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Gravitational Waves Discovered


Albert Einstein’s Theories of Relativity predicted all kinds of crazy phenomena. First, he discovered that the speed of light is the same for everyone, no matter how fast you are moving. If you are moving in one direction at 99% the speed of light, and you measure the speed of light in any direction, you will get the same answer as you would if you were stationary. Einstein figured out that the reason you experience the speed of light as the same speed no matter what direction or speed you are travelling is that time slows down the faster you go, ultimately stopping when you reach the speed of light. This is called time dilation.

His theory that time slows down has been proven many times by experiment. The worlds global position satellites have clocks on them that run a little bit fast to adjust for Special Relativity and time dilation. Those satellites are travelling around the earth at an extremely high speed. If the clocks on the satellites ran at normal speed, our GPS systems would not be accurate and totally useless within minutes. (Click here to read more about GPS and General Relativity)

He realized that reality itself is bent by the presence of matter, and that more mass equals more curvature of space and reality, and therefore stronger gravity. Black holes were predicted using Einstein’s equations.

Einstein’s theory also predicted a phenomenon called gravitational lensing. This occurs when there is a strong light source behind a very massive object or structure (like a cluster of galaxies) that is warped around the object. This prediction has been proven by experiment many times, and was used as one of the methods to indirectly show the existence of dark matter.

Most recently, an experiment at LIGO (LASER Interferometer Gravitational-Wave Observatory) found what are likely gravitational waves. Einstein predicted that there would be cases where very massive objects like neutron stars or black holes orbit each other, causing reality to be warped in a repeating pattern he called gravitational waves. Recording waves of this nature is important because it may give humans information about the origins of the Universe and may allow us to see further back in time than we can by observing radiation or light. The Universe was opaque until approximately 300,000 years after the big bang, limiting our ability to see into it using conventional radiation detection methods. Gravitational waves are not affected by the clarity of space or the Universe.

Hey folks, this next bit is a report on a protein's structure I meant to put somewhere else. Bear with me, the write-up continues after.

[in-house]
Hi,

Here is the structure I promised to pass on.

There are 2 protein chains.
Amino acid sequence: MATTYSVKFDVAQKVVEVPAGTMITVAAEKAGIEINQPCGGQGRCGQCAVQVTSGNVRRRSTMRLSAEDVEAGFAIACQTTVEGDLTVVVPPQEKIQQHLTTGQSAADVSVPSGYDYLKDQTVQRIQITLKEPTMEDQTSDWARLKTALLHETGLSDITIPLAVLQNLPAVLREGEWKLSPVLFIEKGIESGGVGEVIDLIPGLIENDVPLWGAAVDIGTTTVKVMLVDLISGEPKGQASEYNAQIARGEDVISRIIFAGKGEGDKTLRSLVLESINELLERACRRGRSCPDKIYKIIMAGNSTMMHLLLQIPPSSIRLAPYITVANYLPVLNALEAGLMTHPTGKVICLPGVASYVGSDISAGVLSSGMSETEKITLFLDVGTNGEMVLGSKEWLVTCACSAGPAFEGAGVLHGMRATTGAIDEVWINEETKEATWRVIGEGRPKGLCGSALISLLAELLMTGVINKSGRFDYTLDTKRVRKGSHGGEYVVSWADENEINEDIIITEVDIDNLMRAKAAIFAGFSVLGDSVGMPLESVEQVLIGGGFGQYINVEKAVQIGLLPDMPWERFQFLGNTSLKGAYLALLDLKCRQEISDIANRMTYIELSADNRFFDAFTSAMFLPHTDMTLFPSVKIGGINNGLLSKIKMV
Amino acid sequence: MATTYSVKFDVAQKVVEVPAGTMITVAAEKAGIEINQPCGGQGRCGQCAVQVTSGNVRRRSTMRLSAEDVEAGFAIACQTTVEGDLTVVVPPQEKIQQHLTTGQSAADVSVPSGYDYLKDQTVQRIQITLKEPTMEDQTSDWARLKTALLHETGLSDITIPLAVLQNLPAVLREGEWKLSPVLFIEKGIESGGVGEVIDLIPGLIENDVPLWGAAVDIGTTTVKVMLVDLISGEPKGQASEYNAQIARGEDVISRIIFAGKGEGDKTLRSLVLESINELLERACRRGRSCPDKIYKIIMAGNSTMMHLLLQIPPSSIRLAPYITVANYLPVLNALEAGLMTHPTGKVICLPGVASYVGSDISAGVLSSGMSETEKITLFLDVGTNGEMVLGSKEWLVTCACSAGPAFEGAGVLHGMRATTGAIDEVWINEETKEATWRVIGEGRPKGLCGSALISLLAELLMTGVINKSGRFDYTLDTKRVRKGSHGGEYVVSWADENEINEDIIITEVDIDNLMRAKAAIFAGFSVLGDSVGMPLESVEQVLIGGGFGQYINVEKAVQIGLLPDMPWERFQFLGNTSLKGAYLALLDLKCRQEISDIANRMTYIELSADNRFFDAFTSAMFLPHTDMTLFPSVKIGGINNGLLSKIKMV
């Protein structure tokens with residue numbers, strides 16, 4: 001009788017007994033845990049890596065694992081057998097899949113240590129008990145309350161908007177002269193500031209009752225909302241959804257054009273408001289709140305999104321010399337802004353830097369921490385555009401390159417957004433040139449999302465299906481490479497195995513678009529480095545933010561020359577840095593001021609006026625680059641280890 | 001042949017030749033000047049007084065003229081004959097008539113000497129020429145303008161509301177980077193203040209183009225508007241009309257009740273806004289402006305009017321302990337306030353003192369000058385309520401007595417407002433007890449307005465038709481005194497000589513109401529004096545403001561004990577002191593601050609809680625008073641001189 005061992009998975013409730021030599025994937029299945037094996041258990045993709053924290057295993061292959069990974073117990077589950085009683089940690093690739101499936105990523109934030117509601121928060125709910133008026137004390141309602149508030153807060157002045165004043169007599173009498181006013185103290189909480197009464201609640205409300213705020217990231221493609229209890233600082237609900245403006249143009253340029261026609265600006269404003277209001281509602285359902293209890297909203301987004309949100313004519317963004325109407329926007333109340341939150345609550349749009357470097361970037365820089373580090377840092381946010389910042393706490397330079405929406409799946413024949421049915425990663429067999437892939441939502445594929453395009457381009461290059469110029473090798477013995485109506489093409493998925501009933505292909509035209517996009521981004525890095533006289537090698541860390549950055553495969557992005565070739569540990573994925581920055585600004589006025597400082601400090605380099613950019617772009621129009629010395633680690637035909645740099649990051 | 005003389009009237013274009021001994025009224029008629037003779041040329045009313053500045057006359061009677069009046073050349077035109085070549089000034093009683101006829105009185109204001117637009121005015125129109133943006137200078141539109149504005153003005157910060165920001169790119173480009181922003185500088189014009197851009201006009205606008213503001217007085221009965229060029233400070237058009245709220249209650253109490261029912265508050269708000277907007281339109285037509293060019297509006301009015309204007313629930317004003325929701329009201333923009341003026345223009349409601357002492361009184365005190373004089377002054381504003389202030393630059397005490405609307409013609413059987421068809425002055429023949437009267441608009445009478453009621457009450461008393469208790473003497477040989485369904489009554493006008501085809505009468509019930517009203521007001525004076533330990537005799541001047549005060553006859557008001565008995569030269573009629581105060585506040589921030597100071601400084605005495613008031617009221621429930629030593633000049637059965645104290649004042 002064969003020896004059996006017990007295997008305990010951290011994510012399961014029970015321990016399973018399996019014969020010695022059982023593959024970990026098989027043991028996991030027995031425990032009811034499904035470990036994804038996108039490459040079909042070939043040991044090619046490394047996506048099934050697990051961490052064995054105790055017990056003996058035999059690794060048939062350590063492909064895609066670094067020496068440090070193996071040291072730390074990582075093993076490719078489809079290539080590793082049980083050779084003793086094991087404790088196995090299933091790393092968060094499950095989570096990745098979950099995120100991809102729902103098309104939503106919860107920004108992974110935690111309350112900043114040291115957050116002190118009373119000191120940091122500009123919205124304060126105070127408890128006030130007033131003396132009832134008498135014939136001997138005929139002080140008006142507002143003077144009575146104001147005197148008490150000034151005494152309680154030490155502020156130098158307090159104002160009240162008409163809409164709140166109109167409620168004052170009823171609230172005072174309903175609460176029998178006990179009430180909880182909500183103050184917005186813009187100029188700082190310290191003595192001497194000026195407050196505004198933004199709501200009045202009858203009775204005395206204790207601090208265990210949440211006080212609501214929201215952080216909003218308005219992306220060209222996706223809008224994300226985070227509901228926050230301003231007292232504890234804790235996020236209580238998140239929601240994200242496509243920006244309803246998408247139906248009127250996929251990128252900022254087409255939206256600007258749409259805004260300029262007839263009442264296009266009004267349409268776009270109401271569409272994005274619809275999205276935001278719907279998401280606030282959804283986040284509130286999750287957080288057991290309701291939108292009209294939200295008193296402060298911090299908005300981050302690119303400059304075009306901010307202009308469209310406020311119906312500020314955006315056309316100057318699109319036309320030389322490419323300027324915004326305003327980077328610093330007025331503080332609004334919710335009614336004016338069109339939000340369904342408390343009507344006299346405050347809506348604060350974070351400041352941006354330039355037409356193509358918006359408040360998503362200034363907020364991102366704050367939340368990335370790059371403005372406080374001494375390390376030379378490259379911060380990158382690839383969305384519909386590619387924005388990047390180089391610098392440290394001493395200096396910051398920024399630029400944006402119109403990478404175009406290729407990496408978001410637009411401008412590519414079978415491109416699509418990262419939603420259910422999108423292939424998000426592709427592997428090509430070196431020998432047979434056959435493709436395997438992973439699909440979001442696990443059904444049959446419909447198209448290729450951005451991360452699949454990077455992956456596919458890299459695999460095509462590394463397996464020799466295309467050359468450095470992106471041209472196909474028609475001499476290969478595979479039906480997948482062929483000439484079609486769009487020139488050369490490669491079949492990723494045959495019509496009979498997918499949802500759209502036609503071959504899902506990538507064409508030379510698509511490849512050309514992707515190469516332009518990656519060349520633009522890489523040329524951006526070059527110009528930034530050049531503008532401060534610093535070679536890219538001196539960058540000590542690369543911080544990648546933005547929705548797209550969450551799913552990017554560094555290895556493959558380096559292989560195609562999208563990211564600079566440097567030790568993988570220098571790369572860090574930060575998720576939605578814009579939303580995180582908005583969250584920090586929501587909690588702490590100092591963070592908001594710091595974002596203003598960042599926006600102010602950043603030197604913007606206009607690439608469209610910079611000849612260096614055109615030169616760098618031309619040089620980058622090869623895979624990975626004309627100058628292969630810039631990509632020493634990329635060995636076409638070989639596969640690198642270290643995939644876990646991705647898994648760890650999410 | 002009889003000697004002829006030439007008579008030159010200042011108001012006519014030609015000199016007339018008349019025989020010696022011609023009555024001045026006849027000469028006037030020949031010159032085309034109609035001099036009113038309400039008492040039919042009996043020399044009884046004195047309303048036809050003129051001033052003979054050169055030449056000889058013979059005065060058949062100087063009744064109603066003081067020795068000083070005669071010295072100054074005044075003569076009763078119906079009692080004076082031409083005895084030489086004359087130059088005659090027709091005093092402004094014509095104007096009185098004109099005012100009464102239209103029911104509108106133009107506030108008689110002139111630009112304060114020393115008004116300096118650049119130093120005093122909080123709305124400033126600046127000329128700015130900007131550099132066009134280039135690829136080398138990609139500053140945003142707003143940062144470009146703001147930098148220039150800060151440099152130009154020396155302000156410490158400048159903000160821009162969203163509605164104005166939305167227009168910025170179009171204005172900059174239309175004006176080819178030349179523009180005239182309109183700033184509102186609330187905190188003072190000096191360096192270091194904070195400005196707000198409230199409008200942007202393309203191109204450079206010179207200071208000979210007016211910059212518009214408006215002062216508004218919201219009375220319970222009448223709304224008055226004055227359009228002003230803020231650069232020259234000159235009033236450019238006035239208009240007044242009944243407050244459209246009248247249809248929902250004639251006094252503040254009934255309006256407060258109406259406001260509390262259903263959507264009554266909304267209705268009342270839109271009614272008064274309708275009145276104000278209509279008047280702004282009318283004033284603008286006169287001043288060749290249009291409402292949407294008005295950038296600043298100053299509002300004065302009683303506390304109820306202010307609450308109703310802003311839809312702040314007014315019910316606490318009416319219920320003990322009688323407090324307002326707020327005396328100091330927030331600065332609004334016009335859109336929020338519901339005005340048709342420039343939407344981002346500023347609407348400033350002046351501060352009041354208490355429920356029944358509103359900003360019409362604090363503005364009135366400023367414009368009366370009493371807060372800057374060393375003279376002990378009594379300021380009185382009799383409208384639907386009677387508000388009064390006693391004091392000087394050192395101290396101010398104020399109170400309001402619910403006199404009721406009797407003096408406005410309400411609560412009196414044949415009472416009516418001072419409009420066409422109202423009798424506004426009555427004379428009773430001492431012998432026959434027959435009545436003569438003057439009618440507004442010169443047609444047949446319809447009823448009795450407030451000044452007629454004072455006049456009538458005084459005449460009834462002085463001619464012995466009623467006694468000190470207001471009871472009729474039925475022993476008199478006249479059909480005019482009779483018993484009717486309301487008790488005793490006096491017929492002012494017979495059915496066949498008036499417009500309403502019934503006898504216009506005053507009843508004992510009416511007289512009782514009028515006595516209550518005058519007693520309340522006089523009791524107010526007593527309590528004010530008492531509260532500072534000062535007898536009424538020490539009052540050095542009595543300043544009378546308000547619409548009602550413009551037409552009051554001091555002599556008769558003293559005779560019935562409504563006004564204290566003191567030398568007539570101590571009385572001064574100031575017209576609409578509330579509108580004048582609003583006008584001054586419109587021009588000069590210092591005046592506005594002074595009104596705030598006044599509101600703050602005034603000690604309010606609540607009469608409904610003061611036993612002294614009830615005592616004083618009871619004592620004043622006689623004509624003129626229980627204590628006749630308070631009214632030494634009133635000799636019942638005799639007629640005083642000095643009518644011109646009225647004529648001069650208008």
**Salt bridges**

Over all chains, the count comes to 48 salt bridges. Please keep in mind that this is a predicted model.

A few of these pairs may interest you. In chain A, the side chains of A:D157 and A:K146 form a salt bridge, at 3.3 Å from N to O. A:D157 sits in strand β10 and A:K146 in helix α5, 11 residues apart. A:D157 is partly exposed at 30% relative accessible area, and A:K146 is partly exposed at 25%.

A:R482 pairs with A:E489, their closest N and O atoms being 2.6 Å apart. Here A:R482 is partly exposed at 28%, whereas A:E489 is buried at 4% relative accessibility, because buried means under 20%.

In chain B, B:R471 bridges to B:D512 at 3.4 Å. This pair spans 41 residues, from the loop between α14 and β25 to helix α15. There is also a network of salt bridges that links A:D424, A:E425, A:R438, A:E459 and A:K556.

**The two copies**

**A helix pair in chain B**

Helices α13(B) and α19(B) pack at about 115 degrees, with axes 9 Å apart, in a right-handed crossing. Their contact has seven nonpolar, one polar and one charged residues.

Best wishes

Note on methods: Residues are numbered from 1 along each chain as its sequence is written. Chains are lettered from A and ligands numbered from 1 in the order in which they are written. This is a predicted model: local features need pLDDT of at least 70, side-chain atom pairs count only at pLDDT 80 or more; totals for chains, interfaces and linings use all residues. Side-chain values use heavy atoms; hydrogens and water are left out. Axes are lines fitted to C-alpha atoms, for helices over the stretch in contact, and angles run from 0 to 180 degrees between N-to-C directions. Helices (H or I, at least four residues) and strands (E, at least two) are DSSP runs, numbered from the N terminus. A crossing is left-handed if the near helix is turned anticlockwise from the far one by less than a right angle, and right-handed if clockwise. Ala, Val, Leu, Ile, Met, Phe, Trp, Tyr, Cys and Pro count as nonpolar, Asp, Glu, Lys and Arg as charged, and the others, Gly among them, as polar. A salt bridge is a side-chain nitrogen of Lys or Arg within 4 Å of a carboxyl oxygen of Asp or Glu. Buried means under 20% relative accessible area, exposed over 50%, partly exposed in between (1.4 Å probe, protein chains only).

The issue for scientists was that gravitational waves would likely only cause very tiny distortions in reality, far to small a distance to measure using conventional measuring tools. They were looking for changes in reality measuring smaller than one million billionth of a millimetre.

The LIGO experiment is very clever. The team of scientists shot a laser into a mirror that split it into two beams, redirecting the beam down two 4km tubes at a right angle to each other. Then, using very reflective material, they bounced the laser back onto itself, positioning the mirrors in such a way that when the beam recombined, it cancelled itself out leaving no signal. If a gravitational wave swept by the experiment, one of the arms would be lengthened and the other squeezed, causing the signal to become unsynchronized, giving the team evidence of gravitational waves.

On September 14, 2015 at 5:51 a.m. Eastern Daylight Time (09:51 UTC), the twin Laser Interferometer Gravitational-wave Observatory (LIGO) detectors, located in Livingston, Louisiana, and Hanford, Washington, USA both measured ripples in the fabric of spacetime – gravitational waves – arriving at the Earth from a cataclysmic event in the distant universe. The new Advanced LIGO detectors had just been brought into operation for their first observing run when the very clear and strong signal was captured.

I’ve always been interested in Physics. I’m lucky to be living in the golden era of physics and quantum mechanics as there are discoveries almost weekly. Gravitational waves were the last remaining prediction by Einstein that had not been proven by experiment. Turns out he was right about everything. And now that the Higgs Boson has been shown to exist, and the Standard Model of Particle Physics is complete, who knows what nature will reveal to us next.

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